The novel coronavirus (COVID-19), which has caused low oil consumption and the rapid increase in crude oil stocks around the world, may soon push the price of international oil benchmark Brent crude below $10 per barrel, according to experts on Wednesday.
The rapid spread of COVD-19 has lowered economic activity in many countries, caused weak oil demand, led to the incremental rise in the supply glut while heightening the risk of oil storage capacity hitting its limit.
Global oil stock capacity stood at 6.7 billion barrels, of which 42 billion barrels, or 63%, was full by the end of January, according to the International Energy Agency (IEA).
Available capacity is forecast to be full in June this year if global oil consumption remains low and oversupply keeps escalating at this pace.
In the U.S., oil storage in Cushing, Oklahoma -- the heart of the country's oil pipeline network – shows that around 60 million barrels of oil are in inventory out of some 90 million barrels of capacity as of last week. With an extra supply of 16 million barrels of oil coming into storage every week, Cushing could soon run out of available capacity at the beginning of May.
The price of American benchmark West Texas Intermediate (WTI), which is determined in Cushing, plummeted Monday into negative territory for the first time in history by falling as low as -$37.63, indicating that there is such a glut of supply that oil producers would have to pay buyers to unload their oil inventory.
- "Brent will fall below $10 very quickly"
Mark Rossano, an energy analyst at the U.S-based market intelligence company Primary Vision, told Anadolu Agency that although Brent crude has more "avenues for storage" since it is used as a global oil benchmark, he said it "would fall below $10 very quickly."
“Brent and WTI will continue to fall under the weight of oversupply across the globe as storage space runs out and floating storage surges past 120 million barrels," Rossano said.
"WTI Cushing is close to being filled, and the lack of storage in this region will keep pressure across the WTI contracts," he explained.
The international benchmark was trading around $16 per barrel on Wednesday, falling from $45 a barrel when OPEC and its allies met in Vienna, Austria but failed to make additional cuts in their production.
The 23-member group known as OPEC+, led by Saudi Arabia and Russia, agreed on April 12 to lower their collective output by 9.7 million barrels per day starting from May 1, but this leaves massive oil supply surplus in the market until then.
"Even as OPEC+ cuts production, they are still maintaining or even increasing the volume of exports into a grossly oversupplied market," Rossano said.
He maintains that OPEC+ countries also have a huge decline in local demand due to shuttered refinery capacity, curfews and lockdowns, which are destroying domestic demand.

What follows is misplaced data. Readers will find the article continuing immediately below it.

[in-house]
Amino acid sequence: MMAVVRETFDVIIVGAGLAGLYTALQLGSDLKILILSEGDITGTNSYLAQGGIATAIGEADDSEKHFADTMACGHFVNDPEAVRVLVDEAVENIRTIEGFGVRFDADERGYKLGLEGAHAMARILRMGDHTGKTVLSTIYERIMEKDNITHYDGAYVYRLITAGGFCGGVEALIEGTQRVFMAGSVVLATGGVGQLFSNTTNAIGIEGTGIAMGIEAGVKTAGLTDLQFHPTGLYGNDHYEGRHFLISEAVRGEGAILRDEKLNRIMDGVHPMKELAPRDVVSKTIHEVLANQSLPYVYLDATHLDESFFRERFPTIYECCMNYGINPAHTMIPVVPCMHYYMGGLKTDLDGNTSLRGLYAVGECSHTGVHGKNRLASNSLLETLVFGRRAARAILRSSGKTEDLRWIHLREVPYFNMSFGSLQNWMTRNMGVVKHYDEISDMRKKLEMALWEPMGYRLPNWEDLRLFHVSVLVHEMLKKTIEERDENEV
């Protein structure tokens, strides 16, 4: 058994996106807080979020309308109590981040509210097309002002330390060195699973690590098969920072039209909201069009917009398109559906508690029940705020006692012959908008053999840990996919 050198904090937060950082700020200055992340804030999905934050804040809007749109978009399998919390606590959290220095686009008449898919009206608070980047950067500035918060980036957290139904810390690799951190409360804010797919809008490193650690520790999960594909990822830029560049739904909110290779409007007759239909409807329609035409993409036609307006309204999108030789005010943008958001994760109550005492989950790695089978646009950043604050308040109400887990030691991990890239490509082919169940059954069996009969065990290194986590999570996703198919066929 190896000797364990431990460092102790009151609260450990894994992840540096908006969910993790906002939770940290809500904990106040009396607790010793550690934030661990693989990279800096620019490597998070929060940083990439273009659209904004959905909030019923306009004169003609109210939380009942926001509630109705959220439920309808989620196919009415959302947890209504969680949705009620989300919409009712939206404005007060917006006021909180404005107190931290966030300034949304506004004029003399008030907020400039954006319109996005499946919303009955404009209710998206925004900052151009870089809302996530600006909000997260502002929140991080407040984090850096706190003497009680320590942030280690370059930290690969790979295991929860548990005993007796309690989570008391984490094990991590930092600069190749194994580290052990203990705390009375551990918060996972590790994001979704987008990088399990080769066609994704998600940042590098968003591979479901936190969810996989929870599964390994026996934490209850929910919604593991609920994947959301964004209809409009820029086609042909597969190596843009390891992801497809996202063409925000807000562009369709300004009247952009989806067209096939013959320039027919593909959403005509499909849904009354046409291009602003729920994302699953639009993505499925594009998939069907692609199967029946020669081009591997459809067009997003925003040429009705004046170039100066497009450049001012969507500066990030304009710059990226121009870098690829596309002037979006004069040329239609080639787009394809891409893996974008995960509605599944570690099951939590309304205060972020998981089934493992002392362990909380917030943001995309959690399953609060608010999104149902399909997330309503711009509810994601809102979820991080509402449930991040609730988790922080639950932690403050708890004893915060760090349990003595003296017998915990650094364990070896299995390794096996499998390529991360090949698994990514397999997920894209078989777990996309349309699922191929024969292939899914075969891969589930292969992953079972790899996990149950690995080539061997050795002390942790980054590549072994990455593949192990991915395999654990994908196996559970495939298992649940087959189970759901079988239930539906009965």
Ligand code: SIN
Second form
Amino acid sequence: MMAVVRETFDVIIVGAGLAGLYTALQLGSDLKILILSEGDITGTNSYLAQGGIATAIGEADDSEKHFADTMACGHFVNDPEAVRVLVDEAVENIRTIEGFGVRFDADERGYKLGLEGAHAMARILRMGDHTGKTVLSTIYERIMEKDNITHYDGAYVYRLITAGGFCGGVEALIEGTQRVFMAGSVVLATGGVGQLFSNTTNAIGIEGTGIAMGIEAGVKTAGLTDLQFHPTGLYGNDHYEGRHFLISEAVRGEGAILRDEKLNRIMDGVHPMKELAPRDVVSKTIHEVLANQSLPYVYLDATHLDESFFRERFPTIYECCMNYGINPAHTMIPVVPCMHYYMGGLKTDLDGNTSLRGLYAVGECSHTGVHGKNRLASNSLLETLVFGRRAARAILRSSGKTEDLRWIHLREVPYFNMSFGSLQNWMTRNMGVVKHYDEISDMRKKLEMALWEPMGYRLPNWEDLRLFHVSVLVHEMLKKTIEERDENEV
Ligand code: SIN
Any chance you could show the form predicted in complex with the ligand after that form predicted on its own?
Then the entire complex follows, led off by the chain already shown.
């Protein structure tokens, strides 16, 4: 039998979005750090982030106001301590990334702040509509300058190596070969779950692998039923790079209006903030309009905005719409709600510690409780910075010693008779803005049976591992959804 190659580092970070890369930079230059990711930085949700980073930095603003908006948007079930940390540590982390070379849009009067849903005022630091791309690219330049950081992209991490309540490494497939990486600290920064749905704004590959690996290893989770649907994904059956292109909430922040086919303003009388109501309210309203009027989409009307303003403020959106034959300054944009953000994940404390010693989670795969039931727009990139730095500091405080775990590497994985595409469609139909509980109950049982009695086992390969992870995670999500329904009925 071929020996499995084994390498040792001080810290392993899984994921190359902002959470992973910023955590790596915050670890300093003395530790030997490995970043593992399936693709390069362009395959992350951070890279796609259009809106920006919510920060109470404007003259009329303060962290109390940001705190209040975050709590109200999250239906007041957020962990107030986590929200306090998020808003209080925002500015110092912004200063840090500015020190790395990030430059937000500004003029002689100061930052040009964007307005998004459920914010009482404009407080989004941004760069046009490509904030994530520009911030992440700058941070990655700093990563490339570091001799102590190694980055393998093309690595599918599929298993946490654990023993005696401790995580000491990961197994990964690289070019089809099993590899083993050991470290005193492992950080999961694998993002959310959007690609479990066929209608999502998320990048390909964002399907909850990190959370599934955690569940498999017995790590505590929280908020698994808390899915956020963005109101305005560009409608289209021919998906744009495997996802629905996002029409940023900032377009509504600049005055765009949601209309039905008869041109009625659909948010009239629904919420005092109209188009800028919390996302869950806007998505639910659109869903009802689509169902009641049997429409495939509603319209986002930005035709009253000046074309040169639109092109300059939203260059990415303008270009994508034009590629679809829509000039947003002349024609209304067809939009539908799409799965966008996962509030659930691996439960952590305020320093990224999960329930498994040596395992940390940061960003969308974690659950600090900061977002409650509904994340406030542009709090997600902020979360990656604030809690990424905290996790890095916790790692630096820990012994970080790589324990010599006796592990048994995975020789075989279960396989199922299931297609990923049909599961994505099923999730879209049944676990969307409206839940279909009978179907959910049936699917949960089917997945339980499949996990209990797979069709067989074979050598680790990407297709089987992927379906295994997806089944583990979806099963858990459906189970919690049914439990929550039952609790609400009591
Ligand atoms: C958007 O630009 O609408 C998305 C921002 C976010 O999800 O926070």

- "If demand suddenly soars, supply may fail"
Dubai-based investment and strategy advice company Hormuz Straits Director Serkan Sahin said U.S. producers sold their oil inventories on a negative WTI price since halting production would be costlier.
Sahin said that this trend is likely to continue over the next months as oil demand worldwide has collapsed, and in the U.S. with the decline in oil exports, the country has become a closed system with no local buyers.
He also advised that there is nothing economic in sending oil to the U.S. from oil producers in Russia, northwestern Europe, North Africa, the Middle East, Kazakhstan and Azerbaijan.
“These countries could mitigate their problems if they can find markets to the east of the Atlantic," he said.
On the demand side, Sahin said some Asian countries like China, South Korea, Japan and India, are taking advantage of the weak price environment by importing and buying crude at low oil prices to store in their refineries.
"These purchases will recover some of the demand, but since demand for jet fuel will take some time to recover, the supply-demand imbalance will continue," he said.
The experts said if Brent oil continues to remain at around $10 per barrel for around six months, it would be more profitable for low-cost producers like Saudi Arabia to stop production and keep the oil underground.
"However, cutting oil production creates the likelihood of a rise in oil prices because it is easy to see an increase in demand [after coronavirus], but very difficult to bring back production to match demand. If demand suddenly soars, then supply may fail to meet it if it is not enough," he explained.
- "Bankruptcies likely to accelerate"
Kathy Hipple, a financial analyst at the Institute for Energy Economics and Financial Analysis (IEEFA), said the OPEC+ oil production cut was insufficient to reduce the global glut of oil, and it will likely take many months, if not years, for the supply-demand issues to be resolved.
"Given the dramatic decline in demand for oil and gas, it is likely that prices will continue to fall. Production levels in March and April continued at higher levels than demand during these months, and must decline to achieve a supply-demand balance," she said.
Hipple said low WTI prices create high risks for exploration and production companies in the U.S., noting that the cash flow of fracking-focused companies has been negative for the last decade.
"These negative cash flows have naturally led to mounting bankruptcies in the sector. These bankruptcies are likely to accelerate massively this year with absent government intervention. Production cuts have been slow to materialize, but will start to occur with shut-ins and financial distress," she added.
By Ovunc Kutlu, Nuran Erkul Kaya